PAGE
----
The Legion always realised that she was no mere devotion in the Church, but a necessary part of Christianity itself, conjoined to Our Lord and made by him a condition of the imparting of his grace. The De Ecclesia Decree, which is the first effort on the part of the Church to draw up a Constitution for 2 itself, affords an astounding endorsement of that Legion attitude in all its aspects
What is True Patriotism?
If this is fulfilment of duty to the Church and to one’s neighbour it is, likewise, patriotism. This word opens up before us unknown, uncharted territory, for what is true patriotism? There is no model of it in the world.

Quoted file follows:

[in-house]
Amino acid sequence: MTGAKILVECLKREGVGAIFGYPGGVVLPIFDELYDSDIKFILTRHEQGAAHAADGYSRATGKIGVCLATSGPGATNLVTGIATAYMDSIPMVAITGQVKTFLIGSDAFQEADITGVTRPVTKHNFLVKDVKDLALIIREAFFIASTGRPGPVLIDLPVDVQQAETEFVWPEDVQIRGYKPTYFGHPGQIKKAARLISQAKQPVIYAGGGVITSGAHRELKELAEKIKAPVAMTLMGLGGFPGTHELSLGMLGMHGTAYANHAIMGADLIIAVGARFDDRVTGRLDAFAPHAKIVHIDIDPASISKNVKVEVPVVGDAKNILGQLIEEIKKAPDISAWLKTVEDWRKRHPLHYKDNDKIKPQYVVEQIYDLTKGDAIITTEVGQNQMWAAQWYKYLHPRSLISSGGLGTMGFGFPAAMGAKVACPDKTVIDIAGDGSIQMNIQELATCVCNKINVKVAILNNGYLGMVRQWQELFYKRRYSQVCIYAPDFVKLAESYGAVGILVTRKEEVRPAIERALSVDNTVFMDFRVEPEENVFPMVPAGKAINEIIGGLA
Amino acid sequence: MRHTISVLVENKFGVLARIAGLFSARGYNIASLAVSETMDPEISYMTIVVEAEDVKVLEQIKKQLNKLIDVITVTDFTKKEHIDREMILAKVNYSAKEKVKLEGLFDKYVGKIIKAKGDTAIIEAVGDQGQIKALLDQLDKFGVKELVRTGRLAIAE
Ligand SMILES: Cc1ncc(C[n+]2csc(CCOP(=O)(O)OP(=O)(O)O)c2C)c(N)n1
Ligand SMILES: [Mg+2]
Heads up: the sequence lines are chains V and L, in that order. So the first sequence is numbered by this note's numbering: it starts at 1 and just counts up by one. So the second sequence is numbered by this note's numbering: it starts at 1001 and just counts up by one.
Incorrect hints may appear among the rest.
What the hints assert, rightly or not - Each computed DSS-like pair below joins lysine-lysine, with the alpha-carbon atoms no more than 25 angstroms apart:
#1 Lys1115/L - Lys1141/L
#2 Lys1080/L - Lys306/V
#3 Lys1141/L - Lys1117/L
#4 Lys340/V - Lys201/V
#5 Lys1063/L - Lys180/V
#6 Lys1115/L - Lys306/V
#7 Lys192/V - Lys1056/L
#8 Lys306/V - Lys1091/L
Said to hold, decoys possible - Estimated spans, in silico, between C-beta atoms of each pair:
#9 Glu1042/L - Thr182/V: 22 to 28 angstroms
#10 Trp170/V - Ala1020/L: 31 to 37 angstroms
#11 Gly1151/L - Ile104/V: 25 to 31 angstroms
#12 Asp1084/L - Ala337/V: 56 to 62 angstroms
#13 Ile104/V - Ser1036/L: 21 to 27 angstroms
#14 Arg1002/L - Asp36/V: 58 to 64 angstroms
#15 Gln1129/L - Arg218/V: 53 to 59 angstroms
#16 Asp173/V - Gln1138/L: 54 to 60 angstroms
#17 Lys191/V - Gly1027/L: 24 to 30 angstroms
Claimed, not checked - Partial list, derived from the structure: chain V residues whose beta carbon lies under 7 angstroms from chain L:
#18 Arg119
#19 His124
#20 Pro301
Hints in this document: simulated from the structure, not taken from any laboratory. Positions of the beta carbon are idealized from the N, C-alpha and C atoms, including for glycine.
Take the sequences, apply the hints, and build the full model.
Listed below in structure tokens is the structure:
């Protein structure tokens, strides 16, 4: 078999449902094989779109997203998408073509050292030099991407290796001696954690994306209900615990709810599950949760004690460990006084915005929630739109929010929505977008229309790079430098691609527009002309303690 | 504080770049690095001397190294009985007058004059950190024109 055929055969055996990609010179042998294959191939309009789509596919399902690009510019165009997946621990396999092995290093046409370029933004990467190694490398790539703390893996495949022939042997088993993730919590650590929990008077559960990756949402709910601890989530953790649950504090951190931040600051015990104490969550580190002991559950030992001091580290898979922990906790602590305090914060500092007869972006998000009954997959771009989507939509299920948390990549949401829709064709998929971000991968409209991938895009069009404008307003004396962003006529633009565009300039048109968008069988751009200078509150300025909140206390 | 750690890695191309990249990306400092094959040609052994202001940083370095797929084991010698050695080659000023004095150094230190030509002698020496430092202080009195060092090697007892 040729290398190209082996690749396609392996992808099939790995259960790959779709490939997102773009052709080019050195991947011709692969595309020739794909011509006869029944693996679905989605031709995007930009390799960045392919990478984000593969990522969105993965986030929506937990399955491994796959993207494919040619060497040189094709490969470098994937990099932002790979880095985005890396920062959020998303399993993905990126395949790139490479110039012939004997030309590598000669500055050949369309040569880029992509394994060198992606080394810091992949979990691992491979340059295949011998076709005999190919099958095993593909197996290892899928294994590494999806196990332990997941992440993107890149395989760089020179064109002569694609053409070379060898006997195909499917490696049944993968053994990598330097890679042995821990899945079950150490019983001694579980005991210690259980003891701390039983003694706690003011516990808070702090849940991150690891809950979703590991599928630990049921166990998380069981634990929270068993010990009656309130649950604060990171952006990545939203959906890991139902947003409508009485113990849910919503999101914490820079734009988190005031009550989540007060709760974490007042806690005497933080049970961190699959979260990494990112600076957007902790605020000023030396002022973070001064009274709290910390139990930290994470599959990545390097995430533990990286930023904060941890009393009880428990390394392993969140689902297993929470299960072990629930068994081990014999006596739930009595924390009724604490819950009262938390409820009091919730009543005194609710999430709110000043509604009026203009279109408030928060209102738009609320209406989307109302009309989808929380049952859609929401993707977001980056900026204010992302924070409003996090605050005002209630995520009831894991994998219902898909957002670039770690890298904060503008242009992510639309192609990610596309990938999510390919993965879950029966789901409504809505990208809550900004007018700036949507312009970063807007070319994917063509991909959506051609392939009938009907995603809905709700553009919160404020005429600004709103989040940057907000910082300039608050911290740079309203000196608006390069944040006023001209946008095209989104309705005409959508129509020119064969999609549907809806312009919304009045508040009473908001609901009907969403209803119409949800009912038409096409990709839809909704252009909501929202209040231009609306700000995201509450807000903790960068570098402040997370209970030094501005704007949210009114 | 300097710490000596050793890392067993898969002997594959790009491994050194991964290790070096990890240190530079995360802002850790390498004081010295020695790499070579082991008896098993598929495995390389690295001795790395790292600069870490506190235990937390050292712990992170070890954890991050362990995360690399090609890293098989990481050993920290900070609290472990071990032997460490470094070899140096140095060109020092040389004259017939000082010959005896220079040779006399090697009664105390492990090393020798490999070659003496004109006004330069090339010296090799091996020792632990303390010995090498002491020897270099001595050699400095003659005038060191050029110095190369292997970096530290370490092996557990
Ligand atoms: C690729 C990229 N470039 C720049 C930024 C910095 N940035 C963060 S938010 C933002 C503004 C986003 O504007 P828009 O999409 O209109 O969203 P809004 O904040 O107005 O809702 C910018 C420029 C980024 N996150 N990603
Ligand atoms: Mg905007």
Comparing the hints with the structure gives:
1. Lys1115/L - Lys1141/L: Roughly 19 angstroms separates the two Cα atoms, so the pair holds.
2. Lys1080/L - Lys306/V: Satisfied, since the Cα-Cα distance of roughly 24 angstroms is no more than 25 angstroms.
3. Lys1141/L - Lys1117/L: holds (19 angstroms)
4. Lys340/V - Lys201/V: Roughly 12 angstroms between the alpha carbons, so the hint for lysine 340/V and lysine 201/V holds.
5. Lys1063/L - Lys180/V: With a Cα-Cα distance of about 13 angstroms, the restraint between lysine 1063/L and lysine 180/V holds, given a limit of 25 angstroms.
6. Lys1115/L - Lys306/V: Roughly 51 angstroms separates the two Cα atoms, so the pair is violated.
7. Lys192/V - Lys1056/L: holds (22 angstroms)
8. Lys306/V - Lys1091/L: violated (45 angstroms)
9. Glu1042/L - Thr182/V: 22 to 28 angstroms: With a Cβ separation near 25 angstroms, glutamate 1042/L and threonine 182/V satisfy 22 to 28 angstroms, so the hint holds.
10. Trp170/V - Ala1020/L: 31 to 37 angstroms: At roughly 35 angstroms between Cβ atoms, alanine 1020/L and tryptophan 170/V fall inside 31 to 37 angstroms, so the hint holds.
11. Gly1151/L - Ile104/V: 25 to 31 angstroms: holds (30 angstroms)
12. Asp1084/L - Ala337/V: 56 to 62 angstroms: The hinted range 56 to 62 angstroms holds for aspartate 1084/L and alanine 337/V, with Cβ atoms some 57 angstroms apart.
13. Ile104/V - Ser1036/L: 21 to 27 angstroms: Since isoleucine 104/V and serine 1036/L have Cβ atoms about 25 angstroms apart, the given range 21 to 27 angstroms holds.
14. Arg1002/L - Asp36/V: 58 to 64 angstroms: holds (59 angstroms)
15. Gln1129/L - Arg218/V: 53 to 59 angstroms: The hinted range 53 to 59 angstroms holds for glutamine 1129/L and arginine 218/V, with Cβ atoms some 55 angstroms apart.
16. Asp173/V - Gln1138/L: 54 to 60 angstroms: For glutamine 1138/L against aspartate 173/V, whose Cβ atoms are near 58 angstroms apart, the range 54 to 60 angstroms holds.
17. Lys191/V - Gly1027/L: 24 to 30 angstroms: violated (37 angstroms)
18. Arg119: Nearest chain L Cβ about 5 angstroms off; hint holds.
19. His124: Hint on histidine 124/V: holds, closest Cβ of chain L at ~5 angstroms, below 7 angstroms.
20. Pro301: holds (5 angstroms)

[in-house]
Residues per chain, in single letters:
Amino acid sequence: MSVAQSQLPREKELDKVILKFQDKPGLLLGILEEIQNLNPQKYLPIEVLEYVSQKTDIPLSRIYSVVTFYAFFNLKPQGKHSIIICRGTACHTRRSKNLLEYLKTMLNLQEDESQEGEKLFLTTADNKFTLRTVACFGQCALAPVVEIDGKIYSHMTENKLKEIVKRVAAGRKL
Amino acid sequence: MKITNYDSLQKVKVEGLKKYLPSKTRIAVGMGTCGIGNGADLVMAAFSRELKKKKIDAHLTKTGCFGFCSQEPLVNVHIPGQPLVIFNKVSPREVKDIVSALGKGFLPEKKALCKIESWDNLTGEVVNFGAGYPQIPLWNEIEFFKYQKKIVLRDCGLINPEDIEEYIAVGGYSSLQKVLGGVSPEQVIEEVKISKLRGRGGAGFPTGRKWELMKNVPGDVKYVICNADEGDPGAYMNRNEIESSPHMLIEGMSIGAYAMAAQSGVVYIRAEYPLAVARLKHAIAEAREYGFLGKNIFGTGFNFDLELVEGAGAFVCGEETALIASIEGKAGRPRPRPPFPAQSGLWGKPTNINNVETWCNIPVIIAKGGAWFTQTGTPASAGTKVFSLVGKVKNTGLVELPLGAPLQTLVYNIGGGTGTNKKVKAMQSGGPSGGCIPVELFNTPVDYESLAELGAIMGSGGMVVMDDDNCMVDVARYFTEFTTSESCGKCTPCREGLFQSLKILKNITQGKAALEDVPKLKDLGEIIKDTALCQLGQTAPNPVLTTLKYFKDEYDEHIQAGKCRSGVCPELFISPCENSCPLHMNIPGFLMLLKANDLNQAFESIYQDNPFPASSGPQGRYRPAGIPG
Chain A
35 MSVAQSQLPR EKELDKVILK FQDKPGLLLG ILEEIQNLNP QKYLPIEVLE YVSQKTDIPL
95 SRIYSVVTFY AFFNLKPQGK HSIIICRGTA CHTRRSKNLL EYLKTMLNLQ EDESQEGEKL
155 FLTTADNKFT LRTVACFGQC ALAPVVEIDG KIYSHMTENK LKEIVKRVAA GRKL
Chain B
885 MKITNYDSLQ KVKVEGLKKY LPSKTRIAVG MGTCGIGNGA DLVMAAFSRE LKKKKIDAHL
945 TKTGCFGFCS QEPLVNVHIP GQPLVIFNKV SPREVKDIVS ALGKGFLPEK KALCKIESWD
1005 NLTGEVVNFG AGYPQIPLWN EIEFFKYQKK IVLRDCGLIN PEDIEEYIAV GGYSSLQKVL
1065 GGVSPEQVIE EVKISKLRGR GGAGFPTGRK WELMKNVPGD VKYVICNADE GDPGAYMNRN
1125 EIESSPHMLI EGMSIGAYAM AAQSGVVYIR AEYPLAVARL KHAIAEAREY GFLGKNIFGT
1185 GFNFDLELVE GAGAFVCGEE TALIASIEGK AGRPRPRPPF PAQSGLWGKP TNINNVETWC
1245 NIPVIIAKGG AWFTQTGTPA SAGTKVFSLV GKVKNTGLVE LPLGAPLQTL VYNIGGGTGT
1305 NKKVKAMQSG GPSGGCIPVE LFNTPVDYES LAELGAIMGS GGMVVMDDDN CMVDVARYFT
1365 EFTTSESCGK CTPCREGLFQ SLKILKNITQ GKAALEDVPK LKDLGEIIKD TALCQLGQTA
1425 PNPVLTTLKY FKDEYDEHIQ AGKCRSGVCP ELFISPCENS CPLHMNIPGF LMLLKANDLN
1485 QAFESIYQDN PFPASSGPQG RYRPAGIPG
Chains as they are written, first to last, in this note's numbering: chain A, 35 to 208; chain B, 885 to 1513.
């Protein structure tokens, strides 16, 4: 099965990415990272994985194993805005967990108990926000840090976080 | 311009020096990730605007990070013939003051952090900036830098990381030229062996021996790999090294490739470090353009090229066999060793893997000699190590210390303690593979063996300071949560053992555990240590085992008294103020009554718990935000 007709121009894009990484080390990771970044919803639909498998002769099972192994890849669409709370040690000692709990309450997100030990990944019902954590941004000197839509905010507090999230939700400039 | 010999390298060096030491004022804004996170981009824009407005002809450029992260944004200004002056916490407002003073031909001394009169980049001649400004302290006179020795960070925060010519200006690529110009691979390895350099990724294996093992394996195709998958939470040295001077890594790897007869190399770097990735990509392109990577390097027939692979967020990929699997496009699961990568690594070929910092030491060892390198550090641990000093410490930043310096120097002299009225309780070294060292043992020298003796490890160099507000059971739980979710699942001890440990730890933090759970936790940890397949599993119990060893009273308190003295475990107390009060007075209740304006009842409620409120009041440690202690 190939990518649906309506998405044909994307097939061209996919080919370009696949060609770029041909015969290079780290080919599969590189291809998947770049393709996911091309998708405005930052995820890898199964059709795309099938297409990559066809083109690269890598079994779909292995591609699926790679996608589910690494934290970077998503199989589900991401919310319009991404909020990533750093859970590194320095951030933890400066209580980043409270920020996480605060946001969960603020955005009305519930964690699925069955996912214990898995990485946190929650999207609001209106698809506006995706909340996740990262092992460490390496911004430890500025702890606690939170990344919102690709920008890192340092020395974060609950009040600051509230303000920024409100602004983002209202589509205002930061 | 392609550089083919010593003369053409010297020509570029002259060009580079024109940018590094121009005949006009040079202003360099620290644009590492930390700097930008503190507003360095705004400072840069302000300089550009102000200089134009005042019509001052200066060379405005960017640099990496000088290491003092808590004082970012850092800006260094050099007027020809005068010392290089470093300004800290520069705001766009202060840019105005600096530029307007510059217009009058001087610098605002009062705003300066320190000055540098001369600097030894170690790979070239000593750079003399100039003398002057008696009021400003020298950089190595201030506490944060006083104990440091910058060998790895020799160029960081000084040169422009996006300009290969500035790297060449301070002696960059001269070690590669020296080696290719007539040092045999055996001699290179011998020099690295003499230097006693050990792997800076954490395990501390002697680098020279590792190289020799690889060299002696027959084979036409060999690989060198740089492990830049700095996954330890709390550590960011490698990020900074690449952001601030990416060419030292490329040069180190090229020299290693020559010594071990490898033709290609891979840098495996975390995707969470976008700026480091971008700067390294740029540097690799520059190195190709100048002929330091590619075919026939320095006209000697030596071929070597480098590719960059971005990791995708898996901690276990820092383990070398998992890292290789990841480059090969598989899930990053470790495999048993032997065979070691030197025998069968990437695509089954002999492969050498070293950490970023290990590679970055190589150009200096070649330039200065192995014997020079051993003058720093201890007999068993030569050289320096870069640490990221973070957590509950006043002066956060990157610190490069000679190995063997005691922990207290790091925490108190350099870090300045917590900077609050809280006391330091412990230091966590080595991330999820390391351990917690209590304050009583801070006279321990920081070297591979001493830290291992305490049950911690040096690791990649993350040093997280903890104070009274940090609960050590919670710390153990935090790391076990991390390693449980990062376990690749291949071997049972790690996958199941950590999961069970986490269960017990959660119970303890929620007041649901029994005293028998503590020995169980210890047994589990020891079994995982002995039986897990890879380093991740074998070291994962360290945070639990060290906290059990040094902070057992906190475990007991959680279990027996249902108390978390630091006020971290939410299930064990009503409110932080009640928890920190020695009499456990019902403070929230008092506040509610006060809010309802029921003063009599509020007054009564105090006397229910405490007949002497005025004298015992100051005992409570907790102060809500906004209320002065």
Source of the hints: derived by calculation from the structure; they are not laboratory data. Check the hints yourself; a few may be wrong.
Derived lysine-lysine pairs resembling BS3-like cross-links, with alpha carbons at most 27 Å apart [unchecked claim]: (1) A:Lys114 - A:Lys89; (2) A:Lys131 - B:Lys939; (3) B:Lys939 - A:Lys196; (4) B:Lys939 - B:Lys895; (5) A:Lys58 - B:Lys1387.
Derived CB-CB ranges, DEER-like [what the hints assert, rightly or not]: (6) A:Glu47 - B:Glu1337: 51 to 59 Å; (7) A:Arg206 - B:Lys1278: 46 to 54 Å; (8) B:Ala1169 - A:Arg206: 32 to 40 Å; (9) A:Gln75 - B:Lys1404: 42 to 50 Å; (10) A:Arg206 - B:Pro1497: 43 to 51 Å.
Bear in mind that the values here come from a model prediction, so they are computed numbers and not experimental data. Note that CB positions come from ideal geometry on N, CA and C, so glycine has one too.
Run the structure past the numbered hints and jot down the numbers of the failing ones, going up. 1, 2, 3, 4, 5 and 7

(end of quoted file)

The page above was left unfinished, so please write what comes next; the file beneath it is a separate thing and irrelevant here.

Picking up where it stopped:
The nearest is the brand of self sacrifice and devotion which develops during a war. But this is motivated by hate more than by love, and appropriately it is directed towards destroying. So it is imperative that a correct model be somewhere provided.
This is doubly necessary having regard to the way in which the Modern State tends to widen its functions. Animated usually with the best intentions, it seeks to manipulate people’s minds. It moves more • and more towards thinking for each one, arranging his life in detail. By a creeping process it is appropriating to itself rights which Christianity has always regarded as belonging to the individual.
This could work out to a pure tyranny. The modern idea attributes to the ‘State’ a quasi-omnipotence. Governments honestly imagine that they have an unlimited power over the citizens. This could prove intolerable even if operated on lines of true democracy.